Behind the scenes: Baylor sports nutrition

Junior safety Jarrod Koym endulges in the fruit bar at the Beauchamp Athletic Nutrition Center on Wednesday. Photo Credit: Liesje Powers

Without exercising, student athletes would not be able to perform to their maximum potential. However, in order for them to get the energy to perform, the student-athletes must concentrate on one of the most important factor of athletics: nutrition.

Jana Heitmeyer, director of performance nutrition, is responsible for nutrition education, body composition analysis and diet analysis for all Baylor student-athletes.

“At the core, it’s all about making the student-athletes more successful,” Heitmeyer said. “It changes every day. I would say it’s best for someone who cannot sit still. You deal with all the different athletes and all the different sports.”

Heitmeyer said the most rewarding part of her job is when “people get it.”

“It’s really fun to work with people who have an issue — whether it’s that they have no energy or if they need to lose or gain weight,” Heitmeyer said. “For the light bulb to go off and to see them reap the benefits in their performance is the most rewarding part of my job.”

Heitmeyer was a gymnast in college herself, and said she wishes that she was told what she is currently preaching to Baylor’s student athletes.

Heightmeyer said each sport is different and requires different nutritional requirements, but every sport at Baylor revolves around a core acronym: BEAST.

“Everything in our program revolves around ‘the BEAST,” Heightmeyer said. “This means; Breakfast, Eat fruits and vegetables, Always hydrate, Sleep and recover, and the T is ‘think lean protein.’ We put this in because everybody needs to do this.”

Although the BEAST is used for all sports, it changes based on each person and sport. “You take these basics and adjust them to a particular athlete and sport,” Heightmeyer said. “Some people have time between every bat, some people are running up and down the court for 30 minutes straight, so then it becomes much more individualized.”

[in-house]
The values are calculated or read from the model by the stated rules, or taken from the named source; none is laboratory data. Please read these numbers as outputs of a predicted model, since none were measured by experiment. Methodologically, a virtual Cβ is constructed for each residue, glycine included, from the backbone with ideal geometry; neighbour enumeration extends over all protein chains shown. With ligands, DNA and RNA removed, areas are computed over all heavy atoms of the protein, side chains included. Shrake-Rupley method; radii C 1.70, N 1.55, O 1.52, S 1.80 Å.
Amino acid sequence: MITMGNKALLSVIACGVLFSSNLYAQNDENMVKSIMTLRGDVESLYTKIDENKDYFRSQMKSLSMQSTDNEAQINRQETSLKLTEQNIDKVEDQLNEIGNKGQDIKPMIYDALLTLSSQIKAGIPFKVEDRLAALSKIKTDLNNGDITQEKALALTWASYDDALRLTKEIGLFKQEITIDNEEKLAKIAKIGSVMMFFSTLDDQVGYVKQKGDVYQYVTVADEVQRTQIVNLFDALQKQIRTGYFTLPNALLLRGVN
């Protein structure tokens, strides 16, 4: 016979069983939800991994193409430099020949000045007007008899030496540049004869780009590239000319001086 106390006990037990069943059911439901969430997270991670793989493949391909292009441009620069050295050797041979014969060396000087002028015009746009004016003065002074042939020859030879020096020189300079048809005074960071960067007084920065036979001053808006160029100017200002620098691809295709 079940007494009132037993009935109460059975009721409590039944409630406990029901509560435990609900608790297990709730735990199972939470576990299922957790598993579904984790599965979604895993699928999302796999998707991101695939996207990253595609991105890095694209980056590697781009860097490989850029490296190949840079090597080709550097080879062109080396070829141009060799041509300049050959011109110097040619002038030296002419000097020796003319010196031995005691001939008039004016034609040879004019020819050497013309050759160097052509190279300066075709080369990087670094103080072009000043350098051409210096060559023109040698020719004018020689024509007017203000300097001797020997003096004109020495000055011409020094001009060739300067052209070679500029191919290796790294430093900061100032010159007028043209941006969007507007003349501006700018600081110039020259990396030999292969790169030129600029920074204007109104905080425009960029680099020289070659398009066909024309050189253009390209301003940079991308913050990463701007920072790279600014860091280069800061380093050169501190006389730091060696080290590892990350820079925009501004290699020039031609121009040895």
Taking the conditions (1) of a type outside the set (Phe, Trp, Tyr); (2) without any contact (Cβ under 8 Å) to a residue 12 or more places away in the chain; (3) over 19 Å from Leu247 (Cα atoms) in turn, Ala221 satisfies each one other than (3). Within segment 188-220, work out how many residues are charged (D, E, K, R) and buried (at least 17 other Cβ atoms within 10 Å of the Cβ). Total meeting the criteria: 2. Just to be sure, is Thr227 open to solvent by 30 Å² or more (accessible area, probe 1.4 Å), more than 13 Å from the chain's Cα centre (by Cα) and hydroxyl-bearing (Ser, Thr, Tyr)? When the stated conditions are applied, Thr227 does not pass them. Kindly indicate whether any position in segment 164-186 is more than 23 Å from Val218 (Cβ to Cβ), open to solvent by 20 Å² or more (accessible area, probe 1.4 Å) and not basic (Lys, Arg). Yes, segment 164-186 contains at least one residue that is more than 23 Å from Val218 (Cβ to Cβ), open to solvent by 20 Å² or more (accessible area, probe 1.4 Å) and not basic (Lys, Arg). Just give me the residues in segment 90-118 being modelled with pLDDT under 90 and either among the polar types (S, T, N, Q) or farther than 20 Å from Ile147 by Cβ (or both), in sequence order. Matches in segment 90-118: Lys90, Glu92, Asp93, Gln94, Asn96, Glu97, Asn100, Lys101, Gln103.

Kiara Nowlin, senior acrobatics and tumbling athlete, nutrition is very important in her sport.

“Every day we break our bodies down, so this nutrition is so important in order to recover and perform well and be successful in our sport,” Nowlin said.

Nowlin said that it is not easy to incorporate nutrition as a full-time student-athlete.

“Time management is the hardest,” Nowlin said. “It’s really hard to go from class straight to practice, and trying to find something to eat. We aren’t normal students, so we have to be more conscious of what we eat, so the snack and meal choices are harder. We have to make sure we have that balance of healthy and non-healthy food.”

Sophomore midfielder Kennedy Brown said nutrition is vital in her athletic performance.

“Nutrition plays a key part in any athlete’s development,” Brown said. “You need to know what foods will recover you, give you energy and help you compete at the highest level possible.”

Heitmeyer said that nutrition is the most important part of being an athlete.

“Everything that athletes do is tearing down their body,” Heitmeyer said. “The only thing that can repair their bodies is food, so the only way to build things back up is by eating.”